Who’s sorry now? And will they apologize successfully? Dr. Aaron Lazare, professor of psychiatry at the University of Massachusetts Medical School, makes a convincing case for the growing importance and frequency of public and private apologies. He thinks this development is due to the interconnectedness and fragile interdependence of our global village. To survive dangerous disputes, people must achieve conflict resolution in more effective ways. In addition, since World War II, moral commitments to justice and human rights have increased. Lazare thinks the emergence of women’s influence in the world is also a factor in movements toward harmonious human relations.
Effective apologies restore relationships and produce healing by meeting many needs. Pseudo- and failed apologies make things worse. Lazare provides a defining account of what a good apology entails and shrewdly skewers self-serving shams. He teaches by telling stories and gives accounts of apologies attempted by presidents, governments, and clergymen-from popes, to cardinals, to sexual-abusing priests, to Jerry Falwell and Billy Graham.
Literary classics, real-life criminals, and celebrities also make appearances in his work, along with experiences from Lazare’s demanding career and family life. He and his wife adopted eight children, so he has had access to lots of first-hand material. Once he embarked on his research, friends and lecture audiences volunteered more stories. The result is a rich tapestry woven of experience and analysis.
Lazare scrutinizes the apologies he describes and judges them by his standard for effectiveness. A successful apology, whether private or public, requires as a minimum the offender’s personal acknowledgment of responsibility for a specific mistake or grievance, along with an expression of remorse appropriately tendered to the aggrieved party. Apologies may or may not include explanations, promises of reform, or provisions for reparations. Each apology is a unique event made up of different interacting components. Apologies may be written, verbal, or nonverbal. They may be brief or negotiated over time through give and take until a successful resolution is reached.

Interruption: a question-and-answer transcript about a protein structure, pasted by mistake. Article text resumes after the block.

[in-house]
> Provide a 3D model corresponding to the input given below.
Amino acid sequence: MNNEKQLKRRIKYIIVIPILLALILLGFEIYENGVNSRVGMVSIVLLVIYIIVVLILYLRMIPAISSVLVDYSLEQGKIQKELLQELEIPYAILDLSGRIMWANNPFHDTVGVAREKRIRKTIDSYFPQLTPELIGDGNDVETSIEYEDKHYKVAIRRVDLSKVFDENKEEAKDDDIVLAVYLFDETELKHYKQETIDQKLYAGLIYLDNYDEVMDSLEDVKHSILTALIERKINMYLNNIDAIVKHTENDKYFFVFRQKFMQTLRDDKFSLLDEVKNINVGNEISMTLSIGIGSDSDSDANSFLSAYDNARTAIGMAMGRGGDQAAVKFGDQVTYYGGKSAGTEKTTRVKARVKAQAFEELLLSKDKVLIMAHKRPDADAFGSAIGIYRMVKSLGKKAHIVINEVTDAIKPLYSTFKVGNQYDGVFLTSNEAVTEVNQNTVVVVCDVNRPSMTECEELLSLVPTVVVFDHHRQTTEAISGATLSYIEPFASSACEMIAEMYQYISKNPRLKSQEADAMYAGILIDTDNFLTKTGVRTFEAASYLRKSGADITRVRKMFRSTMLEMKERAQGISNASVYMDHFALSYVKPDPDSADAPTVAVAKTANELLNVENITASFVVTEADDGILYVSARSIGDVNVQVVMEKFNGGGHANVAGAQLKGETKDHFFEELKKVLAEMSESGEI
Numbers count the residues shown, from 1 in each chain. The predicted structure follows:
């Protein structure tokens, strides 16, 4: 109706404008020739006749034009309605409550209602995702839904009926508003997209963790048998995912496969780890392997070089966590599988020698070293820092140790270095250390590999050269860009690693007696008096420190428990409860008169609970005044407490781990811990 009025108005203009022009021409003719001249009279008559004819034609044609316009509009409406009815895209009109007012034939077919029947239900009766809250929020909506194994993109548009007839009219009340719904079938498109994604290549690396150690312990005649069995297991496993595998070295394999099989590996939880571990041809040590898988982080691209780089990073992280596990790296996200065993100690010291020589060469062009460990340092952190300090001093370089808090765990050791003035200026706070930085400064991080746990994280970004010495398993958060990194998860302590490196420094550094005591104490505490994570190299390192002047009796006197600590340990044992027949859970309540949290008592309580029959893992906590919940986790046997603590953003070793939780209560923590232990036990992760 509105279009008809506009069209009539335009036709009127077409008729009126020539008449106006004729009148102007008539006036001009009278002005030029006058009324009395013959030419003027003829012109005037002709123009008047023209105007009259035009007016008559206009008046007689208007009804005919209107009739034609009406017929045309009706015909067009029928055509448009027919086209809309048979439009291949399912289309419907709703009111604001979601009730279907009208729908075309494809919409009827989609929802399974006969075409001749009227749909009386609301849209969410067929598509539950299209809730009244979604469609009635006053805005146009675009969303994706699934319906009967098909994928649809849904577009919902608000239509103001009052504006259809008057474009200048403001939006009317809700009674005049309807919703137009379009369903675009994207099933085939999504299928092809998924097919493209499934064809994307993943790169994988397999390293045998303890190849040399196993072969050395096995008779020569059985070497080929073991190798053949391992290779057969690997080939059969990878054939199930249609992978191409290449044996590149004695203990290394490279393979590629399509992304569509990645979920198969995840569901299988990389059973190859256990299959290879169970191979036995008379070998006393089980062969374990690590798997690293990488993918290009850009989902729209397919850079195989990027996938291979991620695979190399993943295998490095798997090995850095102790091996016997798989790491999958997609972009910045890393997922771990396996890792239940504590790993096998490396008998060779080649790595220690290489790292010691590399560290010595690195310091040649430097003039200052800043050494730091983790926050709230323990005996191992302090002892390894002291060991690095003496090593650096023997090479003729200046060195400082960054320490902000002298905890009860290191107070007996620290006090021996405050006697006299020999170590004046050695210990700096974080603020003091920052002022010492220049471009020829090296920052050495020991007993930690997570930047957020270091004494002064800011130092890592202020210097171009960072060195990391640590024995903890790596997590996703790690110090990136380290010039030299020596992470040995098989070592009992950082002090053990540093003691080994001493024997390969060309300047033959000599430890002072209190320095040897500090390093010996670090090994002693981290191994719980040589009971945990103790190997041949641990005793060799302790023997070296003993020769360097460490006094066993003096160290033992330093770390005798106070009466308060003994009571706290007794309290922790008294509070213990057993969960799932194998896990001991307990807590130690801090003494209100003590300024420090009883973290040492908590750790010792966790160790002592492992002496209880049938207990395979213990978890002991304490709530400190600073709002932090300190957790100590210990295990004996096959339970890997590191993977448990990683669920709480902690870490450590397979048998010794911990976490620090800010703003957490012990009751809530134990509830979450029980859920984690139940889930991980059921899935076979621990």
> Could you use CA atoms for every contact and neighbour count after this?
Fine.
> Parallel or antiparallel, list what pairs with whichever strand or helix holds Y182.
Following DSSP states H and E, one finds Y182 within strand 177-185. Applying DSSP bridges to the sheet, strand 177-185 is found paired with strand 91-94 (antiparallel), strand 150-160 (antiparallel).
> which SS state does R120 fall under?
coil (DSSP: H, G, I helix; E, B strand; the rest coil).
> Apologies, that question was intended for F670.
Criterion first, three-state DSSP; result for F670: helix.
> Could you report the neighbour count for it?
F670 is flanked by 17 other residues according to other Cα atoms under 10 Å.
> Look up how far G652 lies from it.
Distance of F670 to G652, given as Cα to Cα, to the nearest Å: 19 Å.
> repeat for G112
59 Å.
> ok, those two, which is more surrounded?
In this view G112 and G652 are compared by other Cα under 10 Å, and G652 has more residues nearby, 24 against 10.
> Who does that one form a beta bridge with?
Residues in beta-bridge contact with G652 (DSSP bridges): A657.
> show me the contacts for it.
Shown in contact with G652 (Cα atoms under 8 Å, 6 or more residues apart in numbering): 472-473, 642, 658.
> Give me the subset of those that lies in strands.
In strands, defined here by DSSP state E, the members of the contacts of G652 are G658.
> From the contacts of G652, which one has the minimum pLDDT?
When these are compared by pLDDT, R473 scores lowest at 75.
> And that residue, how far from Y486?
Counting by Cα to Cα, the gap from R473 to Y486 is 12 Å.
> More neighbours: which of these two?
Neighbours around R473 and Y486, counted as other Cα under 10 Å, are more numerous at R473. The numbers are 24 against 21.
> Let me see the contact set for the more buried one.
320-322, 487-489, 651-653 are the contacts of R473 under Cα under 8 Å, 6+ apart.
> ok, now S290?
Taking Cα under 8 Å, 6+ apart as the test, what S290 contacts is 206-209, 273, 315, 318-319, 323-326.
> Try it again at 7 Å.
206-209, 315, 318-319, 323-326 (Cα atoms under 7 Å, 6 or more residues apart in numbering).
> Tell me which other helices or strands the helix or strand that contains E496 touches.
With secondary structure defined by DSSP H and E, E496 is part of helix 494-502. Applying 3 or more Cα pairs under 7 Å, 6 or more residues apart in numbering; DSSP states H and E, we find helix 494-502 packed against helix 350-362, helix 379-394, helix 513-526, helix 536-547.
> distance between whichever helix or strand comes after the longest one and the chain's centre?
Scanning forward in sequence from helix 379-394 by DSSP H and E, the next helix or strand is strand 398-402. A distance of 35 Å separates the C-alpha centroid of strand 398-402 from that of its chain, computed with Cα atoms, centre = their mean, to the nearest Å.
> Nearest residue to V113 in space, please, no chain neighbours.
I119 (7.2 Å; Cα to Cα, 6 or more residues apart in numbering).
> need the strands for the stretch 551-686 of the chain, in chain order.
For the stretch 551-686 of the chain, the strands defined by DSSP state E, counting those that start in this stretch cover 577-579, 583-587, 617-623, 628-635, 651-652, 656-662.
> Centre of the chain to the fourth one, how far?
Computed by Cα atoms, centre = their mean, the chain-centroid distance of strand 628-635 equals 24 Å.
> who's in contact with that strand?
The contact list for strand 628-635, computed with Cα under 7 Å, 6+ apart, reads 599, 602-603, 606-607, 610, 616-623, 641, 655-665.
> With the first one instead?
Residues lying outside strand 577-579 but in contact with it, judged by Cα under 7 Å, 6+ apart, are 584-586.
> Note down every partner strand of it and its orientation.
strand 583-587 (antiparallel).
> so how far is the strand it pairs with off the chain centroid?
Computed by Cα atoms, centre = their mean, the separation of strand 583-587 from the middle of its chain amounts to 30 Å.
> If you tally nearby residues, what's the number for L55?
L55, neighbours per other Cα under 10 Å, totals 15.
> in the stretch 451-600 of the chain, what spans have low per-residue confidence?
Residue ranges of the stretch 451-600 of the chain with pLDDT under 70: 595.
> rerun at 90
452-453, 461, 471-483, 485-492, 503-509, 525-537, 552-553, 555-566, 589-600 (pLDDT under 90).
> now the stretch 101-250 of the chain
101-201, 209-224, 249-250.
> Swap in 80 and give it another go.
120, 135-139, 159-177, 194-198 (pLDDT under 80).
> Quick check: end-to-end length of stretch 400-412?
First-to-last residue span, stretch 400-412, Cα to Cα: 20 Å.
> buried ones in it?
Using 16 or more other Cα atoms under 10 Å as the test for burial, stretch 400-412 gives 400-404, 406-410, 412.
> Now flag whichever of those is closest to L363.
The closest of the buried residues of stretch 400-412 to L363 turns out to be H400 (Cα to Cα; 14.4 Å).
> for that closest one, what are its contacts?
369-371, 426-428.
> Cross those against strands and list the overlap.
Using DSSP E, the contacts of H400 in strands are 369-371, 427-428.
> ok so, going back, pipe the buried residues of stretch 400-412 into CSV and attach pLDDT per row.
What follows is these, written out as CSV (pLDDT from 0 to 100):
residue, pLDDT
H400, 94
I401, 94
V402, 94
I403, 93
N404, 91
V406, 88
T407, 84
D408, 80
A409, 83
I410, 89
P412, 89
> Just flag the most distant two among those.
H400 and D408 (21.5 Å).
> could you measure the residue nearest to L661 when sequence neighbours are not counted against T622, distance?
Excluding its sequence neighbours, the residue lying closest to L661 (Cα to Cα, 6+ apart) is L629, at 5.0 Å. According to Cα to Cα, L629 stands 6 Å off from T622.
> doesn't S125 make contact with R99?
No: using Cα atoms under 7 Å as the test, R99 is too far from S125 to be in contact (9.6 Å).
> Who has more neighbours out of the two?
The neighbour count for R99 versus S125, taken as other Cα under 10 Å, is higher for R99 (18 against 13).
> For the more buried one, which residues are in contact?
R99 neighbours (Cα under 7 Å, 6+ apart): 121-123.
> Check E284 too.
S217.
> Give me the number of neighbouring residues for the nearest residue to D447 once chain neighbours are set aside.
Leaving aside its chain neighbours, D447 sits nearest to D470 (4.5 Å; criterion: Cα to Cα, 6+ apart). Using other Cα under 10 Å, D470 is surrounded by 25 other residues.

In public corporate apologies, the perceived sincerity of remorse is less crucial than it is in a successful private apology. Formal institutional apologies may include financial reparations and be memorialized in a historical record. Public apologies may consist of one to many, many to one, or many to many. Strategic apologies or those of questionable purity may be effective, coerced by threats of penalties, but any authentic apology must include remorse and not be a traditional “apologia” or a justifying explanation for an action.
Failed apologies avoid acknowledging personal responsibility for the specific offense by shifting the blame to the victim, by minimizing the harm done, or by deflecting the apology to the wrong party for the wrong offense without an adequate expression of remorse. Lazare gives sharp critiques of some deplorable pseudo-apologies offered by the likes of Senator Trent Lott and Cardinal Bernard Law. The all-too-familiar Lott/Law type of failure employs the passive voice and the conditional “if.” “If mistakes have been made,” or, “if people have been hurt” (through the fault of their own overreactions?), then, “I am sorry for any suffering, or whatever has happened.”
Ironically, the empathetic compassionate but ambiguous phrase, “I am sorry,” can serve to invalidate the requirement for the assumption of responsibility for the grievance. To express sorrow and deplore suffering is no apology: as seen in remarks such as “I am sorry you had to respond this way,” or “ I am sorry we had to bomb your village.”